I also am loving Hayes Paper Co. for my sublimation paper. I get very crisp images. The paper is not super thin like some I have tried. In fact, I have not had any of my dye transfer through to the parchment or butcher paper.
What if you don’t have a sublimation printer? It’s not the end of the world. If you are a Cricut user (or even if you’re not) I have good news for you.
Cricut Infusible Ink sheets, markers, and pens will work the exact same way as the process I described above. That’s right! So you can cut a design from a solid or patterned Infusible Ink sheet and press it onto glitter HTV and it will work. Or you can draw a design using Infusible Ink markers or pens and do the same thing.
JUST DON’T FORGET TO MIRROR.
You may also want to try WALASub Patterns HTV. It’s comparable to Cricut’s Infusible Ink Sheets. Currently, there are over 20 patterns listed on Heat Transfer Warehouse’s site. I’ve got my eye on the Kente Cloth pattern and the Rose Gold Glitter Marble pattern. I can’t wait to show you what I make with them.
Along those same lines, the Artesprix Sublimation Markers are amazing! They are similar to Infusible Ink markers. I’ve been playing with them and I’ll have some cool inspirational projects to share using them soon.
So what do you think? Will you be adding sublimation to a cotton shirt or hoodie or scarf using either of the methods above? I’d love to see what you create. So be sure to tag me or email me. I am EJsFunCrafting on all platforms.
cricutcricut infusible inkhow to
Enjoyed the project?
- 1 cotton t-shirt any color works
- 1 12" sheet glitter htv white or very light color is best
- Select the image you want on your shirt and size it. For a full front image on an adult size shirt, I size my image at 10.5"-11"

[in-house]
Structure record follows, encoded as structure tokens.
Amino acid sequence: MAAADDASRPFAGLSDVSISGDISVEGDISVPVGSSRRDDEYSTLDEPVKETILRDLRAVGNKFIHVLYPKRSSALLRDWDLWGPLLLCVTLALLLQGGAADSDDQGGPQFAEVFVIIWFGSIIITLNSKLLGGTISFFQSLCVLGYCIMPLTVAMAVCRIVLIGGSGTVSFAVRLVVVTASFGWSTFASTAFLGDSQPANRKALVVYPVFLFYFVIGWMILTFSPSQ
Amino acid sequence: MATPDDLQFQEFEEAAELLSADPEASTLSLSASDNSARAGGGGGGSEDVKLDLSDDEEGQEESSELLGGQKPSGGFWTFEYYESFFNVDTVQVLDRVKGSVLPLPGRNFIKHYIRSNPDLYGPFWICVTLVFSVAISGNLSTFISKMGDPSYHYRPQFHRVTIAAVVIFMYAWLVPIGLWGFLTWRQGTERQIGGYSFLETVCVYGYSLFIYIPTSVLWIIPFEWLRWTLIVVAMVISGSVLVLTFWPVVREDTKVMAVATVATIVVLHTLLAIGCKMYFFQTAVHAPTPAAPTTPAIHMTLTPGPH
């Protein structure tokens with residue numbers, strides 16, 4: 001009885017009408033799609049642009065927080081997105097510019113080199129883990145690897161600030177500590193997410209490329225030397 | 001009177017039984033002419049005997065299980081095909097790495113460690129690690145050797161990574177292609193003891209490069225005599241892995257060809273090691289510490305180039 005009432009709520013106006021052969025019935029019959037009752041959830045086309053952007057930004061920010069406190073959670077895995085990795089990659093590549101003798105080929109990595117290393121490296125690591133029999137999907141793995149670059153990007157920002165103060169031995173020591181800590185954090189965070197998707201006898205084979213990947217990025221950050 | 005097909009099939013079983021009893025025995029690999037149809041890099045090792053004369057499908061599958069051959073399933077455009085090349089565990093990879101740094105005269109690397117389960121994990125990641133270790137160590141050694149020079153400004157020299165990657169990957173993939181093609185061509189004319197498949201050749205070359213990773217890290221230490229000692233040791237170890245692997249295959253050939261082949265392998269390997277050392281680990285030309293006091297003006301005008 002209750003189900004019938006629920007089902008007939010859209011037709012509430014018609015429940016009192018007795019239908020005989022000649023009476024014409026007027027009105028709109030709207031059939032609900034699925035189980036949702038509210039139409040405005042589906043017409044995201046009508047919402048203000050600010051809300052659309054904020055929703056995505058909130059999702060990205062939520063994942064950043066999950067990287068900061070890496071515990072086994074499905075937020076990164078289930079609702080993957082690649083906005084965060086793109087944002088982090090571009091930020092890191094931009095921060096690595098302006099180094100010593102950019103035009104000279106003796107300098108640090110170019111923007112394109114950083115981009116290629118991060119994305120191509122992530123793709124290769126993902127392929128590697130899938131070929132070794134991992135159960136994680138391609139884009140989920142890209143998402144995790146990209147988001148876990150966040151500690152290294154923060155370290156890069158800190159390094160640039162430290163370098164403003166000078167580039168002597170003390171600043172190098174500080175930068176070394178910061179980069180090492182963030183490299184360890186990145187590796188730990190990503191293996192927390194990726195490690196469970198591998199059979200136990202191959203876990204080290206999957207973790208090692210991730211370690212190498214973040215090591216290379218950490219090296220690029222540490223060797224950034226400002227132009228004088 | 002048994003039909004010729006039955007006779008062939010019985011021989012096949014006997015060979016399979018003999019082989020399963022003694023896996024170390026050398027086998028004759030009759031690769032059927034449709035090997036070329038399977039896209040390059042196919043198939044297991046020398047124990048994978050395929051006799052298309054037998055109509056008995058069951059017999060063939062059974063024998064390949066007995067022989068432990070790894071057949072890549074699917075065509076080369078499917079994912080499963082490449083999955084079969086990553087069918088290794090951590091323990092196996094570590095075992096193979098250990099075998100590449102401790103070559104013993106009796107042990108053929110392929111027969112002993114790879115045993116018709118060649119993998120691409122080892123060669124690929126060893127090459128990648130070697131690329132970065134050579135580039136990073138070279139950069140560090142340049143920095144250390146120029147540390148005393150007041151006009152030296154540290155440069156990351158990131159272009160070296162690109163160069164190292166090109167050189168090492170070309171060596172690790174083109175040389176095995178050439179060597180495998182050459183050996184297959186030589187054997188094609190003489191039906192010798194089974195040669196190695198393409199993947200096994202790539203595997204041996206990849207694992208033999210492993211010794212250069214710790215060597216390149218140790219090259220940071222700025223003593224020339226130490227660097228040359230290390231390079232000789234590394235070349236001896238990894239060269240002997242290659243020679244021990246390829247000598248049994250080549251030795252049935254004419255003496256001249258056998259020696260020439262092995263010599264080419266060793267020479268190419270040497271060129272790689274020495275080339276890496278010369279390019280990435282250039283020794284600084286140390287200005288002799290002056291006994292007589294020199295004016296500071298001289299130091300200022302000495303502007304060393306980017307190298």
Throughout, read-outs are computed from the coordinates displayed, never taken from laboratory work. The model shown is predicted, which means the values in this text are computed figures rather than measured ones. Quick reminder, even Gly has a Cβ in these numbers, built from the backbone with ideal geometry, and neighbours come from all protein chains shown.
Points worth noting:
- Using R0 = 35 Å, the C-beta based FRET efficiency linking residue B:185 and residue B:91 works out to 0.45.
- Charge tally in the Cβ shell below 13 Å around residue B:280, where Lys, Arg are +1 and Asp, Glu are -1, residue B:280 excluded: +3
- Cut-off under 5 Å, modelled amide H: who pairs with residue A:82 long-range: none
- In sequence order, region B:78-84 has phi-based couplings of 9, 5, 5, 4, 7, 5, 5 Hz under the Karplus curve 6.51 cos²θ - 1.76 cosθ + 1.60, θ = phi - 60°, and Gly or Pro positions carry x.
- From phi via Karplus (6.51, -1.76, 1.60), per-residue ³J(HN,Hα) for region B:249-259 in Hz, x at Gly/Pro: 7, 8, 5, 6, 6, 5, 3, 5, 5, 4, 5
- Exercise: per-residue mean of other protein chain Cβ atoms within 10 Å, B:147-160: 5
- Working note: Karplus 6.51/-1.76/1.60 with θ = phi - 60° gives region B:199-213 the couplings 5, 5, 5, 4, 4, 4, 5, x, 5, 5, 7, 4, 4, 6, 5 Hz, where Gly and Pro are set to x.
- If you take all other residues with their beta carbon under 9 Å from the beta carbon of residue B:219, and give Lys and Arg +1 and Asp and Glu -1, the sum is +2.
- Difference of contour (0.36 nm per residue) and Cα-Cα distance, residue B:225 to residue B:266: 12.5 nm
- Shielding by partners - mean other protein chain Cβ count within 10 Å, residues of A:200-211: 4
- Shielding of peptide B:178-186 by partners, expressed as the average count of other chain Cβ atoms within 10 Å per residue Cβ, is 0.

- Mirror the image and send it to print on the sublimation printer
- Either by hand or on your cutting machine, cut out the shape of the image from the glitter HTV. This can easily be done using the "hide contour" or "offset" features in Cricut Design Space. (Don't forget to mirror)
- Follow the manufacture's instructions for the glitter HTV and set your heat press to the appropriate temperature. For Siser Glitter HTV, I set my heat press to 320° F.
- Lay your shirt on your press and use a lint roller to remove stray fibers, lint, and other debris
- Press your shirt for a few seconds to remove moisture and wrinkles
- Place the glitter piece on the shirt and press for just a few seconds. Your goal here is to simply tack it down. Peel warm.
- Place your printed design on top of the glitter HTV, ink side down. Use a couple of pieces of heat resistant tape to hold it down.
- Set your heat press a little higher, to about 385-400° F.
- Place the teflon sheet or parchment paper over the design.
- Press for 35-45 seconds.
- Carefully remove the transfer sheet.